Thursday, September 8, 2011

Loan Description Length: Prosper

Inspired by a post by Smart Peer Lending, on Tuesday I looked at how the length of a loan's description compared to whether or not the loan was currently Current or had ended with a Paid status for Lending Club loans.

What I found was the opposite of what I expected: loans with shorter descriptions appeared to be Paid or Current more often than loans with longer descriptions. In this post I'll take a look at loans from Prosper and see if the numbers agree.

Pre-2008 Loans (Raw data below.)

Amazingly we see almost a smooth decline between loan groups and percent of loans Paid. I looked, further, at 2008 and Later loans (many of which are still under way) and saw the following results:

Loans from 2008 and Later (Paid and Current) (Raw data below.)

Loans from 2008 and Later (Defaulted and Charged Off) (Raw data below.)

It's easiest to compare the Default and Charge-Off data, which is, again, smaller for less lengthy descriptions and larger for more lengthy descriptions. However, looking at the Paid and Current chart we see that shorter descriptions have fewer Paid loans and more Current loans. This could mean that newer loans have shorter descriptions and older loans have longer descriptions--at least in loans since 2008.

I wanted to go a little farther with these sets of loans, so I further divided the loans between credit grades. I looked at AA, A and B as a set of loans and C, D and E as a set of loans (once again using completed loans made before 2008) and found the following results:

Pre-2008 Loans By Credit Grade (Raw data below.)

For both groups we see the same thing: the fewer characters in a listing, the more likely it was to finish off having Paid.

Well this is certainly an unexpected result. It's worthwhile to keep in mind that these are all loans that funded. It could be that this is a characteristic of Lenders choosing loans with short descriptions only if all other characteristics look good.

But the more I look at this data, and the results of words like "need" and "help", the more it would seem that writing a description is more of a detriment to a borrower than not writing one.

Update: There seems to be a very strong correlation between credit grade and the count of characters in the description. Details are available in my post Loan Description Length By Credit Grade.

Pre-2008 Loans
DescriptionTotal LoansPaidCurrentRecoveredNever Recovered
Pre 2008 Loans, 0-500 character description194870%0%70.8%29.1%
Pre 2008 Loans, 501-1000 character description378864%0%65.4%34.6%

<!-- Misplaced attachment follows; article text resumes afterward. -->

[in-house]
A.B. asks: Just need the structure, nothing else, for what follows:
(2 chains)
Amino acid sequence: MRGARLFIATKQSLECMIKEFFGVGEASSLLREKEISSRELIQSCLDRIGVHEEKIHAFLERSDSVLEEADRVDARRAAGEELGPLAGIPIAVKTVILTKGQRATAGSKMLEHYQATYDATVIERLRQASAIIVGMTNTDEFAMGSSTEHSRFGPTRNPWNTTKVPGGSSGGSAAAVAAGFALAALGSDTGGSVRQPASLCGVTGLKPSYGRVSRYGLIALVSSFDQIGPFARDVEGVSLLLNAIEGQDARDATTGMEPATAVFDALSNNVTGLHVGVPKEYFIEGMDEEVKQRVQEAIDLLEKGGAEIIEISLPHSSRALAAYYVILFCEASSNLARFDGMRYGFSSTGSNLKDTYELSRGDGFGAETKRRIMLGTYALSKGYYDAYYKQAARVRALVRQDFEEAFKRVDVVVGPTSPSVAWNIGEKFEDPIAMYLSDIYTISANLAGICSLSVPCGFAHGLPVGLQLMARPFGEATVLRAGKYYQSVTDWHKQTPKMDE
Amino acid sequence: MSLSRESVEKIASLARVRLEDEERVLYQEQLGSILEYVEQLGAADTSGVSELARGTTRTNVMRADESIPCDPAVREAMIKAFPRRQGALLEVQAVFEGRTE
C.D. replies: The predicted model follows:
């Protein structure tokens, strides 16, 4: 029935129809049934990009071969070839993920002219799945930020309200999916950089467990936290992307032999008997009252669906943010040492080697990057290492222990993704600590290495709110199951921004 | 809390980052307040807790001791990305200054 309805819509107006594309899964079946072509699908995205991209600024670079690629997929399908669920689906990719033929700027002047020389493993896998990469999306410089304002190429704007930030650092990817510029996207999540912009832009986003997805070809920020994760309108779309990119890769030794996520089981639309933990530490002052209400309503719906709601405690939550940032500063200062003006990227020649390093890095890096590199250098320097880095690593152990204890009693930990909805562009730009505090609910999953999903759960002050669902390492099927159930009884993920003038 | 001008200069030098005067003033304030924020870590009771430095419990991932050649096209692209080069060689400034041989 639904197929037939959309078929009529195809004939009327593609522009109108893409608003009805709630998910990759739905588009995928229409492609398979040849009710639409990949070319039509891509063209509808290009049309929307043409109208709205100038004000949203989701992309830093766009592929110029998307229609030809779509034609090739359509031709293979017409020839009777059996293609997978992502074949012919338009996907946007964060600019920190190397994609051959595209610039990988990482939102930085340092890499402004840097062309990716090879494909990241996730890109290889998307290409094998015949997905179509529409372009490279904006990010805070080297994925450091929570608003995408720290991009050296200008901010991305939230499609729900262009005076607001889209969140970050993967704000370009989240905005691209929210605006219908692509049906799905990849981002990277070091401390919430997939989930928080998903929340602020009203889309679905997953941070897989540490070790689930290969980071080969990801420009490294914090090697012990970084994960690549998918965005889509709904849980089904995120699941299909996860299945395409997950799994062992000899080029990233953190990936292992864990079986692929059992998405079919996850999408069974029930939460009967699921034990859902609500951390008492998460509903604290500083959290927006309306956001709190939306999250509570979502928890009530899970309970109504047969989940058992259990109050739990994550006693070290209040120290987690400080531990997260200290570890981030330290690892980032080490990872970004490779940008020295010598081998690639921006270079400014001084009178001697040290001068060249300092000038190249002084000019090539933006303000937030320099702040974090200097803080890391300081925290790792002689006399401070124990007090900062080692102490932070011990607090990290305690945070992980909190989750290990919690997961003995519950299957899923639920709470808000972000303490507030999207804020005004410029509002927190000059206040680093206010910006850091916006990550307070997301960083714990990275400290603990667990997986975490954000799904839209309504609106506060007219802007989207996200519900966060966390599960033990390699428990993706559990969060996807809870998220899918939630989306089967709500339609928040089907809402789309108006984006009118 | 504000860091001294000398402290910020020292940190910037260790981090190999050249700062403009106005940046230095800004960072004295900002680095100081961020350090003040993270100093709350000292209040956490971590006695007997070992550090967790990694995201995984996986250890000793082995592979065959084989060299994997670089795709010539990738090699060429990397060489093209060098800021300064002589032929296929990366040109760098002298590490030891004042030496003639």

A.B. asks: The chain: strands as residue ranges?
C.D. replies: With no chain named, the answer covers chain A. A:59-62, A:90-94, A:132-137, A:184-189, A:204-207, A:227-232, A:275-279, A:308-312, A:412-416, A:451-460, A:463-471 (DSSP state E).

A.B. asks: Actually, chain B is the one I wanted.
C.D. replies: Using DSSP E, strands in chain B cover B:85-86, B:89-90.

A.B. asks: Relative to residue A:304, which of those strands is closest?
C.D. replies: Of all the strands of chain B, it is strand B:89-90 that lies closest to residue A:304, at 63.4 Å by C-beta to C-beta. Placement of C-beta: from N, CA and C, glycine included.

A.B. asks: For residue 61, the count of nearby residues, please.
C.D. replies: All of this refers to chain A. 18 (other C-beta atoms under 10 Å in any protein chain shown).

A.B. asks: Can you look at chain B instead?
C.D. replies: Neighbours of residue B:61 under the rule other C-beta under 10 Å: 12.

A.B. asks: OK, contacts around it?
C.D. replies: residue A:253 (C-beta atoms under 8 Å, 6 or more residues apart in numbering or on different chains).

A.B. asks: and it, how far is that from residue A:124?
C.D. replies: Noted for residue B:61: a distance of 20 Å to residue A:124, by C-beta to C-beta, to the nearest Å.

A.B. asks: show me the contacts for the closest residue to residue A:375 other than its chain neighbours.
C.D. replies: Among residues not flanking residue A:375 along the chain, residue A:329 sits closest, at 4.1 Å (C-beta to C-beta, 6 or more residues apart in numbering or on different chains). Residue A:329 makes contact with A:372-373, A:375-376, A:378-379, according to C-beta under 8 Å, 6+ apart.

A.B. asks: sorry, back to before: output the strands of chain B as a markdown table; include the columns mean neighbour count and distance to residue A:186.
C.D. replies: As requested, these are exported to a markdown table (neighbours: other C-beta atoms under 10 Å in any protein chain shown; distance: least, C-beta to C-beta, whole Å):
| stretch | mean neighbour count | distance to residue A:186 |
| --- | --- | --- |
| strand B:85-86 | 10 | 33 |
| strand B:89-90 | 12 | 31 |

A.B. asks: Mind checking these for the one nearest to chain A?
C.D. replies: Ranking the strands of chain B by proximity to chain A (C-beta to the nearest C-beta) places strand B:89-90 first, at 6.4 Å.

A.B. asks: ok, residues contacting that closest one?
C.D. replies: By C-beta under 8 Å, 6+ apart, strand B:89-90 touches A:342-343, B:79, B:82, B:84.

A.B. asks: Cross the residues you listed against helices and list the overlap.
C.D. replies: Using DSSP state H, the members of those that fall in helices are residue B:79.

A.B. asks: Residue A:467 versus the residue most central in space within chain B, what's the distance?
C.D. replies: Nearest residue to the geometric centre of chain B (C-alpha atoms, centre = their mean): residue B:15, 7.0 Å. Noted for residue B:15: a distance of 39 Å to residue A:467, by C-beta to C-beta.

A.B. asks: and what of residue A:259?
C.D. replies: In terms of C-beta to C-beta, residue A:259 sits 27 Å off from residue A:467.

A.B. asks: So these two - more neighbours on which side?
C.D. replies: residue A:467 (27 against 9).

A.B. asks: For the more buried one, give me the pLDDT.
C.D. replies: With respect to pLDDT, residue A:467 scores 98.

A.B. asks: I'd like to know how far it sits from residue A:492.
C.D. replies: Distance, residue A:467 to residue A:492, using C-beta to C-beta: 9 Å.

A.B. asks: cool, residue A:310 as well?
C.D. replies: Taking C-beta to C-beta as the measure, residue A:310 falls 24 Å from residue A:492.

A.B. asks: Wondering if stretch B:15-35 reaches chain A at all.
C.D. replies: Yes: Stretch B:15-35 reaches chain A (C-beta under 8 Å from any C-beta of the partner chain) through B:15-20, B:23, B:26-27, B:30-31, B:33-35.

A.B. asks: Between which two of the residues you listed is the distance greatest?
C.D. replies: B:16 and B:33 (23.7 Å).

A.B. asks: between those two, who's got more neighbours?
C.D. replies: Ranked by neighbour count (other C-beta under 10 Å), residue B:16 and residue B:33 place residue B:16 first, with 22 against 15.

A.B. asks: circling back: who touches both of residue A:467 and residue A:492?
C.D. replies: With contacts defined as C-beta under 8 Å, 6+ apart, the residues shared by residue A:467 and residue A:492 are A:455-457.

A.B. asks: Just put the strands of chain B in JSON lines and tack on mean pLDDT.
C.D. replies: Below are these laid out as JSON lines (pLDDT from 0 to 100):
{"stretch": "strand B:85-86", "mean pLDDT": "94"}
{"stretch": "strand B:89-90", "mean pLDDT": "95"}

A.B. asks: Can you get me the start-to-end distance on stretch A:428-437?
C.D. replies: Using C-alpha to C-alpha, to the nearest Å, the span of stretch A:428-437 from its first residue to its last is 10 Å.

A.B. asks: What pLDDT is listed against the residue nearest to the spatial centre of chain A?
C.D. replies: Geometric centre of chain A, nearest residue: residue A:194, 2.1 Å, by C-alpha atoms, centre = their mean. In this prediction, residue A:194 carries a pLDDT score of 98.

Pre 2008 Loans, 1001-1500 character description343162.7%0%64%35.9%
Pre 2008 Loans, 1501-2000 character description235960.5%0%61.8%38.2%
Pre 2008 Loans, 2001-2500 character description178255.3%0%56.9%43.1%
Pre 2008 Loans, 2501-3000 character description127954.2%0%56.5%43.4%
Pre 2008 Loans, 3001 and greater character description270351.5%0%52.5%47.4%

Loans from 2008 and Later
DescriptionTotal LoansPaidCurrentRecoveredNever Recovered
2008 And Later Loans, Description 0-749 Characters807724.7%62.3%24.9%10.5%
2008 And Later Loans, Description 750-1250 Characters776434.5%45.5%34.9%17.1%
2008 And Later Loans, Description 1250 Characters or More718644.3%28.4%44.9%24.5%

Pre-2008 Loans By Credit Grade
DescriptionTotal LoansPaidCurrentRecoveredNever Recovered
Pre 2008 Loans, AA, A, B All607875.4%0%76.7%23.2%
Pre 2008 Loans, AA, A, B 1249 or fewer character description323178.6%0%79.7%20.3%
Pre 2008 Loans, AA, A, B 1250 or more character description278871.6%0%73.3%26.6%
Pre 2008 Loans, C, D, E All868657.3%0%58.5%41.4%
Pre 2008 Loans, C, D, E 1249 or fewer character description363058.8%0%60%39.9%
Pre 2008 Loans, C, D, E 1250 or more character description497556.2%0%57.4%42.6%


  1. Seems like the more likely conclusion is that for the LENDER, the fewer characters in the borrower's description, the better. Not sure how it is better for the borrower to not write a description, because we don't know how many loans were funded vs not funded with/without descriptions (or please say so if I am missing a different conclusion, but I think that is what you are saying in the second-to-last paragraph).

  2. I meant that it seems like writing a longer description can only get a borrower in trouble. A sensible borrower, looking at this data, would keep their listing short and sweet.

    But you're right; the better conclusion is as you specify: for lenders it may be better to invest in loans with shorter descriptions than loans with longer descriptions.

    That does give me the idea to look at the loan description lengths of the requests themselves. I wonder if there's a sweet spot for getting funded in loan description length.